Tuesday, December 29, 2015

Some potentially severe negative implications of a cashless society that's fully dependent on digital wallet services as storehouses of value and for electronic payments

If societies become cashless, or more appropriately free of physical/printed currency, there will be some positive and some negative implications. A major negative implication is that at all times, your money will be with someone else [be it a bank or some digital wallet service such as m-pesa or Paytm or MobiKwik]. It’ll never be with you. Your money, essentially, is your only as long as the service holding your money is solvent and benign. If it becomes insolvent, it could, at least theoretically, confiscate some or all money of some or all of its customers [especially if some nefarious, special-case clauses are hidden deep in its terms of service agreement]. If the service becomes malign – say due to a corrupt/rogue employee – your money could get partially/fully lost.

Further, a rogue government could act outside the law and could force a digital wallet service provider to debit the account of someone without his knowledge and/or consent, on malicious pretexts.

In essence, with digital wallets, you’re trusting someone else with all of your money at all times, and hoping that your money is safe. The probability here is not 1.

A related prediction by me [from February 2011] on the future of paper-based currency is here.

Monday, December 21, 2015

Printed versions of newspapers act as free advertising for the newspaper and are thus more valuable than mere revenue collections

Newspaper companies which ponder whether to discontinue their print editions and go digital-only shouldn't forget that the print editions of their respective newspapers also perform free advertising for their newspapers. When people read print editions of newspapers at airports, inside airplanes, at cafes and restaurants, or inside metro trains, etc., they're advertising the newspaper for free - others watch these people.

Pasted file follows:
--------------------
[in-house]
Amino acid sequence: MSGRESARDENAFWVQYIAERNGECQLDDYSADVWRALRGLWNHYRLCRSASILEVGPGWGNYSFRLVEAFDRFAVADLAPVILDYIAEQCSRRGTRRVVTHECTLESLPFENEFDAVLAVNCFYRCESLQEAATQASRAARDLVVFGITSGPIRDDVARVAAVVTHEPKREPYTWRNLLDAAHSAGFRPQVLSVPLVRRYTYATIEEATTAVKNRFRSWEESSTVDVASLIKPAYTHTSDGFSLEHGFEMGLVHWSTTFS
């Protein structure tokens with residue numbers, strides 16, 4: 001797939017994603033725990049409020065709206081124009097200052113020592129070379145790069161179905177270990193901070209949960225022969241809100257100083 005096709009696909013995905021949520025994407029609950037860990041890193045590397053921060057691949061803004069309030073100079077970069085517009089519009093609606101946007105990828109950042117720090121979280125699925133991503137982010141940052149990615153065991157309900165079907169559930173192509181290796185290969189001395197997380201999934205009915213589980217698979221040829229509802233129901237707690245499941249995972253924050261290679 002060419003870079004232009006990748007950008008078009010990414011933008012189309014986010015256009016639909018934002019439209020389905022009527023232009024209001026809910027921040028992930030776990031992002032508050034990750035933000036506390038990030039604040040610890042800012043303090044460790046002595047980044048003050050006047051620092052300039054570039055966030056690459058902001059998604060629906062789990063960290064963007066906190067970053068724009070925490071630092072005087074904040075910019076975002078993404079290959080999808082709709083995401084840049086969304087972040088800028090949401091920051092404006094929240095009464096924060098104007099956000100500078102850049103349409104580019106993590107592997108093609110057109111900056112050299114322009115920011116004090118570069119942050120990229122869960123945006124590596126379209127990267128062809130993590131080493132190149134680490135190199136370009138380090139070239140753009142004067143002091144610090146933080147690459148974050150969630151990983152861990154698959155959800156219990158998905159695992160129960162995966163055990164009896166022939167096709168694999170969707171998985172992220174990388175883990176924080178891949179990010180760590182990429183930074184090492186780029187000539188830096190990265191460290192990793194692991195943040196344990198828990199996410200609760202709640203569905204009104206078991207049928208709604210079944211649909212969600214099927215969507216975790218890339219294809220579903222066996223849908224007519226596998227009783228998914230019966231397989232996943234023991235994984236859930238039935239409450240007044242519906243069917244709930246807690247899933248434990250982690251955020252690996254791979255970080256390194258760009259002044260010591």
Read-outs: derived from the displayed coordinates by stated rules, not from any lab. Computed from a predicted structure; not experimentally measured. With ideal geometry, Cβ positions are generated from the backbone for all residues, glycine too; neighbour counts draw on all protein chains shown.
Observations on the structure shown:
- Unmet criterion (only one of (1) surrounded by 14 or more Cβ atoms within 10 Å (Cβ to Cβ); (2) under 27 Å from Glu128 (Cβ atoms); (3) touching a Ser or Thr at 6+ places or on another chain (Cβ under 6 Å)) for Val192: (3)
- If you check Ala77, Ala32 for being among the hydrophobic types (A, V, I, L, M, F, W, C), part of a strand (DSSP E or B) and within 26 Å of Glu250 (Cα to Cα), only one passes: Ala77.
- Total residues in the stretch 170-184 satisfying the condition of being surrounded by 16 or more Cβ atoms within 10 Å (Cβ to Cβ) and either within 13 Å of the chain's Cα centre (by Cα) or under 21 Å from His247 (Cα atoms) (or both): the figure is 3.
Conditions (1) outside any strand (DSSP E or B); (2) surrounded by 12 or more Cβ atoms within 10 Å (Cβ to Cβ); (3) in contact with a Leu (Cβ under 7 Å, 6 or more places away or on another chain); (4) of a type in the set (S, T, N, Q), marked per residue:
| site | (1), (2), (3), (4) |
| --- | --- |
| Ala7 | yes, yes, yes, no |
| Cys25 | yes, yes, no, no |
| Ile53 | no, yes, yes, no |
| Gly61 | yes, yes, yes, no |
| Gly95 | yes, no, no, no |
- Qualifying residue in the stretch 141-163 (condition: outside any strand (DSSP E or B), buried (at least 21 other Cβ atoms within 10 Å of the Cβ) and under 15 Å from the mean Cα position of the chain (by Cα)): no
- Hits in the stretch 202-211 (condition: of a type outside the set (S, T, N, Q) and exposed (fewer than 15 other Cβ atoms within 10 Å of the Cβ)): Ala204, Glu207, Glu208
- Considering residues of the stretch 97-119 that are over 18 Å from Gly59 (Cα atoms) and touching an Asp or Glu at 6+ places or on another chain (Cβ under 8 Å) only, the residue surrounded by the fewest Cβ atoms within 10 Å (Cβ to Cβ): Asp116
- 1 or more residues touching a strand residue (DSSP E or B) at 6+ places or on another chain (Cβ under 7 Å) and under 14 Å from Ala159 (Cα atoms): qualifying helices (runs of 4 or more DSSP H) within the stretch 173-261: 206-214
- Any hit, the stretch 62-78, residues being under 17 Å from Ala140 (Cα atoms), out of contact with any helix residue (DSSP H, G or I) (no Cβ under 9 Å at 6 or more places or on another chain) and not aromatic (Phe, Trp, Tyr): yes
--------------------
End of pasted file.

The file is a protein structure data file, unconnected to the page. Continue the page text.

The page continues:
Secondly, the type of people who are publicly seen reading your newspaper helps to establish the image and standard of your newspaper. If suited guys, for example, are seen reading The Wall Street Journal, it helps to establish that corporate folks read this newspaper and thus pulls in others of the same type who aren't reading WSJ already.




Saturday, December 19, 2015

Protectionism, without making it look like protectionism

Overt protectionism is difficult to do many times, because of international laws/politics/treaties, such as WTO rules. But protectionism can be useful or necessary [or both] for nations at times. If you can announce to the public credible-sounding concerns/reasons for taking certain steps [basically a pretext that doesn't sound like a pretext], and it you can tell a story in which your grave concerns/reasons logically require you to take those difficult steps, then you can pretend that you're not doing protectionism, and you can plausibly deny that any protectionism resulting from these steps is purposeful; you can instead argue that any such resultant protectionism is merely incidental, and that you're in fact forced [by circumstances] to resort to taking these tough steps [and have no choice], and that you're not taking these steps out of will or wish, but out of necessity.

Examples:
  1. If Indian government wants to reduce its import bill, and wants to give a boost to domestically-made automobiles/automakers, then it can use the environment/pollution excuse to ban the sales of high-end luxury cars that run on diesel [since most high-end cars that sell in India sell in the diesel variant], claiming that these contribute to high pollution levels. Such a ban will appear benign to everyone, allowing India to quietly and covertly help its domestic automobile industry and also to reduce national imports.
  2. Edward Snowden has given countries around the world - and especially the adversaries/rivals of US - fantastic cards [which are actually quite familiar] in the name of national security and privacy of citizens using which these countries can use strong protectionist measures without looking bad on the world stage. China, and to some extent Iran/Russia [link 1] [link 2] [link 3], are already reaping the fruits of the NSA exposes to promote homegrown technology products/services over Western ones. India can and should do the same. Let's not becomes slaves of Western technology companies.

Wednesday, December 16, 2015

Short-term memory loss could be one of the causes of obsessive-compulsive disorder

People with OCD repeatedly check whether a door or a car or a drawer is locked, even though they might have done the same check just moments back. This indicates that maybe these people do not feel sufficient assurance from their memory recall of their last check [which was done moments back], and so they feel the urge to check the lock again to again get full assurance that it has indeed been locked properly, only to quickly forget this assurance [partially] moments later, thus coming back to do the same check yet again, and so on.